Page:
Some of It Was Fun, a Lot of It Was Horrible

I recently finished reading Nicholas Katzenbach’s book “Some of It Was Fun”, his chronicle of serving as Bobby Kennedy’s aide in the early years of the 1960s, and then as Attorney General and Undersecretary of State for President Lyndon B. Johnson throughout his administration. I was initially hesitant, thinking that this would be a dry experience. Some of it is in fact rather dry, but Katzenbach was undeniably at the heart of some of the major decisions of both JFK and LBJ, especially in the civil rights struggle. The clip above, from the TV show Due Process, illustrates some of Katzenbach’s experiences, especially that time when he had to face down Alabama Governor George Wallace in 1963. The governor was tasked with defending the racist values of the old South, and Katzenbach’s job was to represent the federal government and its honorable mission of integrating schools. In the book, Katzenbach describes how awkward the encounter was, but it’s obvious how proud he is of his involvement in the civil rights struggle, both school integration and the 1965 Voting Rights Act.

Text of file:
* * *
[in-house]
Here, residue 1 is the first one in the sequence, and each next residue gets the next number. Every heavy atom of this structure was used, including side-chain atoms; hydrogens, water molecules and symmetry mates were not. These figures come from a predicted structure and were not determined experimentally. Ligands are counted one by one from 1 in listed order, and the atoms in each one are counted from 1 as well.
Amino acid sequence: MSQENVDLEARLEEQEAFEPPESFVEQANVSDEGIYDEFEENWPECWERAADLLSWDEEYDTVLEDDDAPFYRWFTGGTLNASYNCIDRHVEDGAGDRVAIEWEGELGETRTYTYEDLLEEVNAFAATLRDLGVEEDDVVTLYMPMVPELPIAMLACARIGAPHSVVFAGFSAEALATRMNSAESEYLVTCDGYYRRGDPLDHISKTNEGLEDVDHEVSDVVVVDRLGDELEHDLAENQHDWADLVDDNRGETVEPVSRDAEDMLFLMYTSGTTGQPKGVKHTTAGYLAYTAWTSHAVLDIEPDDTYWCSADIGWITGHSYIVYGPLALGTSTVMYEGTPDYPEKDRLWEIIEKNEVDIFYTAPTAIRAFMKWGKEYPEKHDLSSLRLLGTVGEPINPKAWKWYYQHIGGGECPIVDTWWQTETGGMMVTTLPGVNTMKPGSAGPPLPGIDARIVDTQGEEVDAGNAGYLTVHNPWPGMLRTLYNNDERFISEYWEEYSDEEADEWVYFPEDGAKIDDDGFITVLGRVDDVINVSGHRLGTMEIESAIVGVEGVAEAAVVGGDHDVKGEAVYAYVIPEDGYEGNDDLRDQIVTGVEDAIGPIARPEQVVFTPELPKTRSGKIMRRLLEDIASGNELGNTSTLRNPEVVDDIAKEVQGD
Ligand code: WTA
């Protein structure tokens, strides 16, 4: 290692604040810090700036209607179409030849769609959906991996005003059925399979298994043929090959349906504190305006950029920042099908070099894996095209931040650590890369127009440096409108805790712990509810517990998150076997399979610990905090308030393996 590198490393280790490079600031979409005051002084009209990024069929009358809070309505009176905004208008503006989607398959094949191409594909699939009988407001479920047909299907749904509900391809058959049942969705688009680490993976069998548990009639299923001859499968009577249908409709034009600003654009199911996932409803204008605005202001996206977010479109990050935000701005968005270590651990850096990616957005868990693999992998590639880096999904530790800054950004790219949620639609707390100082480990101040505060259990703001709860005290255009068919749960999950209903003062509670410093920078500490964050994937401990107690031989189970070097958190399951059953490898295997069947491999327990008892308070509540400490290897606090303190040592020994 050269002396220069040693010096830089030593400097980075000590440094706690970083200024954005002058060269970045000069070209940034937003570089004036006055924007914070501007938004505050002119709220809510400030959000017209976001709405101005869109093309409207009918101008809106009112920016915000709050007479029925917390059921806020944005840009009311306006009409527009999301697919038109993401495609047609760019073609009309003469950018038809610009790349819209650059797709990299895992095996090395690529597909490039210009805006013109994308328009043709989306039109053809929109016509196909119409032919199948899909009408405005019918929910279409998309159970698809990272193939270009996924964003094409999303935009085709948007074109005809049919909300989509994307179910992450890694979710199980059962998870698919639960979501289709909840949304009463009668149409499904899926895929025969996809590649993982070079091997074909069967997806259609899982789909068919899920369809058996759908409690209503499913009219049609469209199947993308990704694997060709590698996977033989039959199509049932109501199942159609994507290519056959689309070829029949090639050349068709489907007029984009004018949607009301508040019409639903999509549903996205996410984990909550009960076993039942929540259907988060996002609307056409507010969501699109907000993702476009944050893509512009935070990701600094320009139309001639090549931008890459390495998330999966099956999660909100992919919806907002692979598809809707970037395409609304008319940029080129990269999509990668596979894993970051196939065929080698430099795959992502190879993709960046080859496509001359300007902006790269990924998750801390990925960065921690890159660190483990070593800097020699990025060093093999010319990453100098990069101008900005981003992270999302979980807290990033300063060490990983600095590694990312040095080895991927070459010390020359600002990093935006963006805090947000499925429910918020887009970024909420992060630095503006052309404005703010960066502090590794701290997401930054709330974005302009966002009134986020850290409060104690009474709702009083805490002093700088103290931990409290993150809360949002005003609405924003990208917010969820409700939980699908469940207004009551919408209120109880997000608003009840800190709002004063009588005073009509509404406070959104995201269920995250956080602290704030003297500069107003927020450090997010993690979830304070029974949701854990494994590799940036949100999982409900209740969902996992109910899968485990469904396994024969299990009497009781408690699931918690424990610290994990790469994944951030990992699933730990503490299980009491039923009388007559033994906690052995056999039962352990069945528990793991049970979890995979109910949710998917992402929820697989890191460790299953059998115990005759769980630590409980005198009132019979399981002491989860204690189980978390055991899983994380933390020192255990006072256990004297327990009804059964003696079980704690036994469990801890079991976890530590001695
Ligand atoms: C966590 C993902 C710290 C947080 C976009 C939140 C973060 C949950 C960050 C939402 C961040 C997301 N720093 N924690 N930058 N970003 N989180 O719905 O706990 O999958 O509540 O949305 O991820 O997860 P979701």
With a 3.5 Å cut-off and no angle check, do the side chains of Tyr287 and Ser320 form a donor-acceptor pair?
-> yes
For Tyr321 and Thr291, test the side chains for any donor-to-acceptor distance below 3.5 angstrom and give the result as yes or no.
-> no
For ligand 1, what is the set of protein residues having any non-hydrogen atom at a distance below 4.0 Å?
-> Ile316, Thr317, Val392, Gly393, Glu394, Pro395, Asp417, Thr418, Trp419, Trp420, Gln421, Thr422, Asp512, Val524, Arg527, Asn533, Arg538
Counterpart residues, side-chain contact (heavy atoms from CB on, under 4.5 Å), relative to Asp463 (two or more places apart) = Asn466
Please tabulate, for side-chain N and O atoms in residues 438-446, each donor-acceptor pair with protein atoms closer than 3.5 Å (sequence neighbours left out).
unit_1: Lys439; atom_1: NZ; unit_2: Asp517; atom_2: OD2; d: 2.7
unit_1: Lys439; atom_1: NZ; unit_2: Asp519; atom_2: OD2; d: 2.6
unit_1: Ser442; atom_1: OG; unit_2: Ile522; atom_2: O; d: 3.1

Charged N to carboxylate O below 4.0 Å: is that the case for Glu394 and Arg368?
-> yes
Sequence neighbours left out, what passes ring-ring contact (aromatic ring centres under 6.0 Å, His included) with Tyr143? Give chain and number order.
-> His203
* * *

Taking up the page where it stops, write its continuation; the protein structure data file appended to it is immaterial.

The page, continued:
As I wrote, much of the book is dry. But it does come alive when Katzenbach describes Bobby Kennedy, the friend he obviously loved. At first, he writes about how the death of JFK struck Bobby and the entire Justice Department, and later in the book he movingly describes the unimaginable grief after RFK’s assassination, the sorrow after JFK, Medgar Evers and Martin Luther King being reawakened again. Katzenbach also provides a rich portrait of Johnson, his virtues as well as an attempt to explain the President’s flaws, regarding Vietnam as well as on a more personal level. There was plenty of division within Johnson’s administration on the war in Vietnam, but what is likely to remain with most readers is Katzenbach’s more humorous stories about the President.

At the end of the book, there is undeniably a sense of fatigue and frustration. Katzenbach spent almost the entire decade in government at times of upheaval. Perhaps its greatest contribution is helping younger generations understand that those in power don’t always get to choose the best path forward.

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